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Free Expression in the Age of Security Challenges

Wednesday, March 23, 2016, 9:00 am – 10:00 am

Dunja Mijatović will review major challenges to freedom of expression and free media including issues related to government control over the media, limitations on freedom of expression through anti-terrorist legislation, use of propaganda for war and hatred, restricting media access to report on the refugee crisis, and ways to preserve civil liberties online and offline, and explore new ways to connect and bring human rights and security closer in the 21st century.

Freedom of expression can never be taken for granted. It must be constantly justified, reaffirmed, and strengthened. A holistic approach is needed to strengthen human rights through law and policy, education and culture, and development of civil society in order to safeguard free speech.

How can we achieve and maintain security and freedom in a society under threat? How can we translate academic research and knowledge into actionable human rights sensitive policies? Can societies resist the escalation of fear and formulate responses based on civic responsibility and active citizenship? What is the role of and how can academia help in finding solutions?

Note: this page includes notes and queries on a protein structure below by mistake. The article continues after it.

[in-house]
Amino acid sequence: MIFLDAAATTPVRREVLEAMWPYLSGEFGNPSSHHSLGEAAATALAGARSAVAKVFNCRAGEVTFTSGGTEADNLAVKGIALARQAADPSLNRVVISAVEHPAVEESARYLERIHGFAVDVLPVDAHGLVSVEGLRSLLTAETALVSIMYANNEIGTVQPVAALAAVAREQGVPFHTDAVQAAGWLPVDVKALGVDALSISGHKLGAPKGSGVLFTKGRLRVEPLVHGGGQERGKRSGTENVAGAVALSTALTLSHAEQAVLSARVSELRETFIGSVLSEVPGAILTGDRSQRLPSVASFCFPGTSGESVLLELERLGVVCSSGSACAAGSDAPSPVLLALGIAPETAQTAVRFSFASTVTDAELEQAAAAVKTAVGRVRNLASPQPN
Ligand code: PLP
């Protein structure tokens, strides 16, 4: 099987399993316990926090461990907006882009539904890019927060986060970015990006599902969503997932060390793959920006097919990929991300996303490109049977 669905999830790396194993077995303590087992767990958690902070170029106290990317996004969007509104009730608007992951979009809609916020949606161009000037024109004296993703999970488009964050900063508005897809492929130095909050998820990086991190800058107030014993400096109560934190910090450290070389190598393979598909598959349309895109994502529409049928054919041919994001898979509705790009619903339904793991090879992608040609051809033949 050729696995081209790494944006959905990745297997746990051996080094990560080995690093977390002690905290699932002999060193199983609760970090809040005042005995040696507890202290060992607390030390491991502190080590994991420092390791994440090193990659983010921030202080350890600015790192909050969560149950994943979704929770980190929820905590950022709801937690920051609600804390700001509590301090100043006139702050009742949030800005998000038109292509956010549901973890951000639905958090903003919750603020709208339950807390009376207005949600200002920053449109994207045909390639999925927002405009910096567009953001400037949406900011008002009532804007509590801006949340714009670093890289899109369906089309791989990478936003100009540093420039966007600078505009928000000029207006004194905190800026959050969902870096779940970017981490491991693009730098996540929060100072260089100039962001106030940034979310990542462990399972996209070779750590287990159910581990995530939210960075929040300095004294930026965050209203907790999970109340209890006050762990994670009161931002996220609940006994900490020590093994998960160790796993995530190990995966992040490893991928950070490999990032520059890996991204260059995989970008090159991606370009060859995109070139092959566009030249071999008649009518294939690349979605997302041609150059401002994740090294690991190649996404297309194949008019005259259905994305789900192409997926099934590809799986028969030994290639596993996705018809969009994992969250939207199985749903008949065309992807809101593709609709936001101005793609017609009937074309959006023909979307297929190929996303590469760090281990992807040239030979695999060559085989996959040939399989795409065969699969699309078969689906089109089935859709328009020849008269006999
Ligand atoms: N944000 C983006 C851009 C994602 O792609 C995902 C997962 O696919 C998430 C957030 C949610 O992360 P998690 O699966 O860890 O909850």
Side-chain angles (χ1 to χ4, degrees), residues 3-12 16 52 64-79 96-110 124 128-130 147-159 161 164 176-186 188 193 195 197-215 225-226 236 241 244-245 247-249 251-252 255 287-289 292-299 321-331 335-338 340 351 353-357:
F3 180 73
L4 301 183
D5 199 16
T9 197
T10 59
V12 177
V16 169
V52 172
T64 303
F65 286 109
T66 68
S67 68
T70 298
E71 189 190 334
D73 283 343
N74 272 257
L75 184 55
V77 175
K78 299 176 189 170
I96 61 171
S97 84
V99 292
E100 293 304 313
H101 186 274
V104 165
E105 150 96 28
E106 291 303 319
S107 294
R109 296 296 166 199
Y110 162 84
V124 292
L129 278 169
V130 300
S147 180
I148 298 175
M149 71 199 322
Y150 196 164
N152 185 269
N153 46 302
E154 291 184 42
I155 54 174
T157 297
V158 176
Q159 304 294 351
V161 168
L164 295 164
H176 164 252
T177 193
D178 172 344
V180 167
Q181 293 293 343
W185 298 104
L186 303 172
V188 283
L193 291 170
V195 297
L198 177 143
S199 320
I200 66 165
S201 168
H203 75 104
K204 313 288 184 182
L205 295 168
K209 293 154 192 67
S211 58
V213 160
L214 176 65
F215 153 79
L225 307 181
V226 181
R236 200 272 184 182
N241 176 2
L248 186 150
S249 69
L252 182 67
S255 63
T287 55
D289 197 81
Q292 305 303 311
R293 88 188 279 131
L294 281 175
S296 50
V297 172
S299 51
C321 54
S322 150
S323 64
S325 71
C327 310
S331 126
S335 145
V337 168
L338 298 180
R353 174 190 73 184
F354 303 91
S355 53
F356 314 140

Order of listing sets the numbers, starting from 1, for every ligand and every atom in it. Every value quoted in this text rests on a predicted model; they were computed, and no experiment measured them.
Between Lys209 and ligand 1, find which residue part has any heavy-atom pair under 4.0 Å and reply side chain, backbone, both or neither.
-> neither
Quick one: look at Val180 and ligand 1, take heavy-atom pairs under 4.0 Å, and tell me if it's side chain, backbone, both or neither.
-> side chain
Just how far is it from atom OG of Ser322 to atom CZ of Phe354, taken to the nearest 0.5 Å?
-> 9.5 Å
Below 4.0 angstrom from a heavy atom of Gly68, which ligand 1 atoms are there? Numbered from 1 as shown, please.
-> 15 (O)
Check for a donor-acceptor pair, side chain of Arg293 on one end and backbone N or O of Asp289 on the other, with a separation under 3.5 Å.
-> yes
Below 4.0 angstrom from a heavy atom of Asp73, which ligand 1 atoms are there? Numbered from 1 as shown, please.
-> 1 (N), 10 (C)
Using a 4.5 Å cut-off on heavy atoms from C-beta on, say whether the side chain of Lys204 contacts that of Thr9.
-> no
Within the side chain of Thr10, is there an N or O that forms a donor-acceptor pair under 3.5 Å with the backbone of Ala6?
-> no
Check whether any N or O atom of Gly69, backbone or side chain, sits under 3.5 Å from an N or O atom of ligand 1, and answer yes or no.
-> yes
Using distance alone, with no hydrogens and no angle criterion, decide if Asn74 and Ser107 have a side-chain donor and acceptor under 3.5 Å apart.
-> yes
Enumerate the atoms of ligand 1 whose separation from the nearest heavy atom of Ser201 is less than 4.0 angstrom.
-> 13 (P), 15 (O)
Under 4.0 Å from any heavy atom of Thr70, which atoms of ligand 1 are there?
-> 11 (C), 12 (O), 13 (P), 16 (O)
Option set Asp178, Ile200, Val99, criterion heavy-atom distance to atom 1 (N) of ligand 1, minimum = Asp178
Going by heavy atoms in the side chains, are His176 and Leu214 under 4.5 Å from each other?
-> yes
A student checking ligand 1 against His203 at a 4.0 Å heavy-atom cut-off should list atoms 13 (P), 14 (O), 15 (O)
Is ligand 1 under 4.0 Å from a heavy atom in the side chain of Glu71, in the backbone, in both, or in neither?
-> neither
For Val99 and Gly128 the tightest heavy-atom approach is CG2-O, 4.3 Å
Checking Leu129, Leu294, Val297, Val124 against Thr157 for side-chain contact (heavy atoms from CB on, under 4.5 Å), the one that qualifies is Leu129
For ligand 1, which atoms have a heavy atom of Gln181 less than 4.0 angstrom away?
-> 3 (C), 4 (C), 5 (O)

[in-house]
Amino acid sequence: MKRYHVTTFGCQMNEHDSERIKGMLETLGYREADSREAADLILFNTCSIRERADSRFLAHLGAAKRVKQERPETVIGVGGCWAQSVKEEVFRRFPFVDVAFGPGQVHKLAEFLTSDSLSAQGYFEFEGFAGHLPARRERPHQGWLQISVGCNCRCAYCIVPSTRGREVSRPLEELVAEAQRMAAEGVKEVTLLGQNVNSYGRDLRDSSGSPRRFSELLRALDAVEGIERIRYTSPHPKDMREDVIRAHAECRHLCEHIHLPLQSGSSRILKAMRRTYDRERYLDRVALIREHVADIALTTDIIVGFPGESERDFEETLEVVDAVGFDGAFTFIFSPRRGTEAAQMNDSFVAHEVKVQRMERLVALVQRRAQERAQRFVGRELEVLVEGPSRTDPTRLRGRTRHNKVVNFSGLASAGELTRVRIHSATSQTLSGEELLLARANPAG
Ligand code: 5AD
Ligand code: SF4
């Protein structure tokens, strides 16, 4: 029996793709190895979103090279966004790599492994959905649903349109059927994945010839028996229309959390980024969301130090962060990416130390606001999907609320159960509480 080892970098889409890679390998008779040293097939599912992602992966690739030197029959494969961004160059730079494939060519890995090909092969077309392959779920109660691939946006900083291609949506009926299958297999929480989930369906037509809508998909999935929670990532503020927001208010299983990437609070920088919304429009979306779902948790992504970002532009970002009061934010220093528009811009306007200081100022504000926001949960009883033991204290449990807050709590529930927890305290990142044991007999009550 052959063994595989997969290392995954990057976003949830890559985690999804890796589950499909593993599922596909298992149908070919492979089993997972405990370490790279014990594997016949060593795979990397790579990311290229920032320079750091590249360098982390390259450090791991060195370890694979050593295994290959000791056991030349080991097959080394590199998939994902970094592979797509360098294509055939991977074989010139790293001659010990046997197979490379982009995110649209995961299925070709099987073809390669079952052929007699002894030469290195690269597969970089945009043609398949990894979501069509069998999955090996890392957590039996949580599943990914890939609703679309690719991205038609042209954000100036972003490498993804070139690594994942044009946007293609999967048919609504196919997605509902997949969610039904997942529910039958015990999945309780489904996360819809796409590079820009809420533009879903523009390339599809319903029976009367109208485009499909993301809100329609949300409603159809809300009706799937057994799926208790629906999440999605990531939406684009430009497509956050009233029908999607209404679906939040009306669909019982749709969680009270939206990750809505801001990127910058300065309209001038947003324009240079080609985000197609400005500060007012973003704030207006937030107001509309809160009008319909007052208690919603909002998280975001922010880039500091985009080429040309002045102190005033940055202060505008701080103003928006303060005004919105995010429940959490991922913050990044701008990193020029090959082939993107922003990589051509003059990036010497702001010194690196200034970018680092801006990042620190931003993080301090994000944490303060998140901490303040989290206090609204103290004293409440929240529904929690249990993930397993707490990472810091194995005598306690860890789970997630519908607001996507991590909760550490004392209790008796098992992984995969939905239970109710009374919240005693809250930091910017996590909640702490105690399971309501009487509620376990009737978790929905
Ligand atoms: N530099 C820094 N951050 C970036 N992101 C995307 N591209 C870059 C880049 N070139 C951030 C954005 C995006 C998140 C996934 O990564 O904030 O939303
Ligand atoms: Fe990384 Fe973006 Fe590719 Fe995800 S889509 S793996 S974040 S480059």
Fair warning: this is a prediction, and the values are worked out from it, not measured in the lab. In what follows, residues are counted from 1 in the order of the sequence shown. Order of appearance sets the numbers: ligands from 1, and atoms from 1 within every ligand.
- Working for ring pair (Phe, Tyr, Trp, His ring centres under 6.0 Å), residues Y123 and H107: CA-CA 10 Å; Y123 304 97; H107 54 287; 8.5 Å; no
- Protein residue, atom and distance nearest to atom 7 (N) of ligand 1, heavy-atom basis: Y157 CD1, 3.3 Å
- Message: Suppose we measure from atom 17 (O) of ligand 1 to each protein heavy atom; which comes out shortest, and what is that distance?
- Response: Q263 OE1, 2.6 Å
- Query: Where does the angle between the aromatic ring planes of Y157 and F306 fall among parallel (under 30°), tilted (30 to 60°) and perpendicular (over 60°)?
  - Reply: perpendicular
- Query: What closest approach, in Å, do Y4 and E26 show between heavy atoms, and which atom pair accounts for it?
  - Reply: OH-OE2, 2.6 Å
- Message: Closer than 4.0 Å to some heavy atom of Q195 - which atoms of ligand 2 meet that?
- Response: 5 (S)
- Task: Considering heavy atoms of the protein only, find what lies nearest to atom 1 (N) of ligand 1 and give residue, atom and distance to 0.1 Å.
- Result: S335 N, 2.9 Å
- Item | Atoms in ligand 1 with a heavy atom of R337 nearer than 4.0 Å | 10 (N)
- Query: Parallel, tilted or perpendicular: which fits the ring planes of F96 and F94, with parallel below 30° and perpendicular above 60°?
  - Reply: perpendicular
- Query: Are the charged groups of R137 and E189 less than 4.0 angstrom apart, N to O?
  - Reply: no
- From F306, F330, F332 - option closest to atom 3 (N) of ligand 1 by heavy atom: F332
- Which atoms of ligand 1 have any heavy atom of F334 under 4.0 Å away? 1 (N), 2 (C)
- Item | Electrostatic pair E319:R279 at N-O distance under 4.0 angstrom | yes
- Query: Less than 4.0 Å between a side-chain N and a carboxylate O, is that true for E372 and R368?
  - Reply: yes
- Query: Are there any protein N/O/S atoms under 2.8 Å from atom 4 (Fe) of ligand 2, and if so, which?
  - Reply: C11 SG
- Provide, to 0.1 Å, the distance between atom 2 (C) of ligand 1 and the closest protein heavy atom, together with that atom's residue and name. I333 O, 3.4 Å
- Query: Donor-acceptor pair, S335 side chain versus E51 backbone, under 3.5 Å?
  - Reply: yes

Dunja Mijatović was appointed in 2010 by the Ministerial Council of the Organization for Security and Co-operation in Europe (OSCE) as the Representative on Freedom of the Media. The Council gave her a political mandate to protect and promote freedom of expression and freedom of the media in the 57 OSCE participating states.

She worked on human rights, media law and regulation, institution building in transition states, and ways to deal with hate speech in complex post-war societies. As one of the founders of the Communications Regulatory Agency of Bosnia and Herzegovina in 1998 she helped to create a legal, regulatory, and policy framework for the media in a complex post-war society. She was also involved in establishing a self-regulatory Press Council and the first Free Media Helpline in South East Europe. In 2007 she was elected President of the European Platform of Regulatory Agencies, and she has chaired the Council of Europe's Group of Specialists on freedom of expression and information in times of crisis.

She holds a Master's degree in European Studies (Master's Thesis: The Internet and Freedom of Expression) from the University of Bologna, the London School of Economics, University of Sarajevo, and Sussex University.

Mijatović was awarded the Médaille Charlemagne in 2015. The award honors a European personality who has made a unique contribution within the field of media, the process of European unification, and the development of a European identity.